Writer and social branding expert Kate Houston from Try Sweet Talk joined Margaret to share tips to create the best professional, dating and social media profiles for success in 2013.
To learn more about Try Sweet Talk, visit the website by clicking here.
Here are some of Kate's tips:
Don’t copy others
People tend feel more comfortable looking around at what others are doing and then doing something similar.
Instead, be unique by adding some personality – even on a professional bio.
Do get personal
A professional bio can go from being dry and cold to more evocative, bringing you to life.
The first was for a VP in the electronics industry who came here from England.
Like all good Brits, Mark wanted to be a punk rocker. He had the hair, the clothes and the electric guitar. He just needed one more thing – the skill to fix his amplifier. He took one course in electronics and suddenly an illustrious career was born.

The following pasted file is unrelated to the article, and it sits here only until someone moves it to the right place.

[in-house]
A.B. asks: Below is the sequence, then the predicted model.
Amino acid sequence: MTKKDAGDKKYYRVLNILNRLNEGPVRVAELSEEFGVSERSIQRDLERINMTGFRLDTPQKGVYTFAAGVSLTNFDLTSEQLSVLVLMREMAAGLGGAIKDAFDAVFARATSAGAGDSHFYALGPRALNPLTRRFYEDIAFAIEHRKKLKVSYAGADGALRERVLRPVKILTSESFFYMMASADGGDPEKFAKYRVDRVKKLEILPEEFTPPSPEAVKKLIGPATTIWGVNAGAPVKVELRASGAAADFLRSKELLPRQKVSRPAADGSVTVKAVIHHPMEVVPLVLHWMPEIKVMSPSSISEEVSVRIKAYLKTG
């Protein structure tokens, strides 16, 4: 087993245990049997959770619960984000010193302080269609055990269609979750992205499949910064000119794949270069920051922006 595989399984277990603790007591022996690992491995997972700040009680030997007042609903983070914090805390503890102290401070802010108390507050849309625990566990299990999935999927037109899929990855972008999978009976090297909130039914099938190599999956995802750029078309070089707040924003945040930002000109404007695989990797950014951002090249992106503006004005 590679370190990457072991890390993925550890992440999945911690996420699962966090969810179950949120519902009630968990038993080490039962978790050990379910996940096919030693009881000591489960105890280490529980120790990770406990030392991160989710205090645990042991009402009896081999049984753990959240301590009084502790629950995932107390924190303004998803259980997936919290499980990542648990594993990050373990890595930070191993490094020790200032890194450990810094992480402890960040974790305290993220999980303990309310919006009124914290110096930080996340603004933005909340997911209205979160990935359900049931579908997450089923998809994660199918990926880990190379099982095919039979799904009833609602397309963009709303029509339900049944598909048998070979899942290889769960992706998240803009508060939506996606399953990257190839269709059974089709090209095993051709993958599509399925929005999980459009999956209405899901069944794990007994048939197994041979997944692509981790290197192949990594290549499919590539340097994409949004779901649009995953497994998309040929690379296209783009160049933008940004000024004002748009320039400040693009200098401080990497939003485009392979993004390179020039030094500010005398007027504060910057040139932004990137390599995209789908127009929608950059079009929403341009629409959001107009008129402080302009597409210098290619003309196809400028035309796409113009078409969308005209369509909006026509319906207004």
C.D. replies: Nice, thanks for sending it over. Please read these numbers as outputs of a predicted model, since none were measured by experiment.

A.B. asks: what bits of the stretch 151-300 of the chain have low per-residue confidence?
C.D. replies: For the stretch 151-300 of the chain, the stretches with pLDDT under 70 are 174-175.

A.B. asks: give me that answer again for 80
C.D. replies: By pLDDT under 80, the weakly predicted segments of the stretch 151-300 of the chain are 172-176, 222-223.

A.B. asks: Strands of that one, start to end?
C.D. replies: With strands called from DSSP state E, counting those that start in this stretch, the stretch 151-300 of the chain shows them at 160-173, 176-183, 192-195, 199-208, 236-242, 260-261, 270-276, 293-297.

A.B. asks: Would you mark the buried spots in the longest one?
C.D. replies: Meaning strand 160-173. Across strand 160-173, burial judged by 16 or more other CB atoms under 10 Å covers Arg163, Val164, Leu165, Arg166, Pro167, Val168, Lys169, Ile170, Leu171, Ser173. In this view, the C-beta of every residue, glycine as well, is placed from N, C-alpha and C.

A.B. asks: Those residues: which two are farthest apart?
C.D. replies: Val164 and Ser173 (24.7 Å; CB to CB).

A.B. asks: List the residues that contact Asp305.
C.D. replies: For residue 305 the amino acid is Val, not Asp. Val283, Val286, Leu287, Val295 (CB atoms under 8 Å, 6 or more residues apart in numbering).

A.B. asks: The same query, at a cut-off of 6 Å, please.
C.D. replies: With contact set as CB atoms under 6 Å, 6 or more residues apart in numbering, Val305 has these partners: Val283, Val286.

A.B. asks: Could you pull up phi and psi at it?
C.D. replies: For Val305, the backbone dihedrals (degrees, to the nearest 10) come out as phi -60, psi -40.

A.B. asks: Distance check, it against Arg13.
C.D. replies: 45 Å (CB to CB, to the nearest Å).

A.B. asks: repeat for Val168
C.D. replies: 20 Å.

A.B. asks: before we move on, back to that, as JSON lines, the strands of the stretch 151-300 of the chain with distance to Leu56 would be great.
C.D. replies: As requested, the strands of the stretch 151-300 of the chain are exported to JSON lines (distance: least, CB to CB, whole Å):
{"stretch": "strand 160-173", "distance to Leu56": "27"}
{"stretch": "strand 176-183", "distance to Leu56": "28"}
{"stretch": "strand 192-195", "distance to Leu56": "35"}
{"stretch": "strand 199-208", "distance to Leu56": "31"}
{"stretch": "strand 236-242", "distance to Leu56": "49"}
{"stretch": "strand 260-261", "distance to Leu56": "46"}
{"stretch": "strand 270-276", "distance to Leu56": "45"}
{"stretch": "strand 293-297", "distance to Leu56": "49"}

The next example takes a serious approach:
I always wanted to be a voice for those who couldn’t speak for themselves. Instead, I became an ear. As a psychologist specializing in childhood trauma, listening brings the greatest reward.
Don’t get too personal
So do get personal. But, don’t get too personal. Dating profiles, in particular, can be filled with too much information. One woman described her C-section. One man posted a photo of his infected foot. Another profile read:
Just healing at home after implant surgery…no silly, I mean dental implants.
Remember, though you’re at home behind a computer, your mindset has to be in the environment where you’re presenting yourself – one filled with strangers.
Do keep it concise
Recruiters, as well as singles dating online, read endless profiles. So keep them engaged, with a quick, effortless read.
On a professional bio, focus on key skills and accomplishments. On a dating profile, stick to a few interests and anecdotes.
Sum this up in about 250 words. That’s long enough to get attention and short enough to keep it.
Don’t over-complicate the message
On professional bios, especially, people bulk up their bios with big words or creative terminology that can be confusing.
I saw LinkedIn profile the other day that said, “I’m a people compeller”. This throws off the flow of the read.
I have a 24-hour rule and that is, I ask myself – will the reader remember the profile in 24 hours – and after reading endless profiles?
Is this one engaging enough to be memorable? Is it simple enough? Does it leave at least one powerful message behind and, if so, what is it?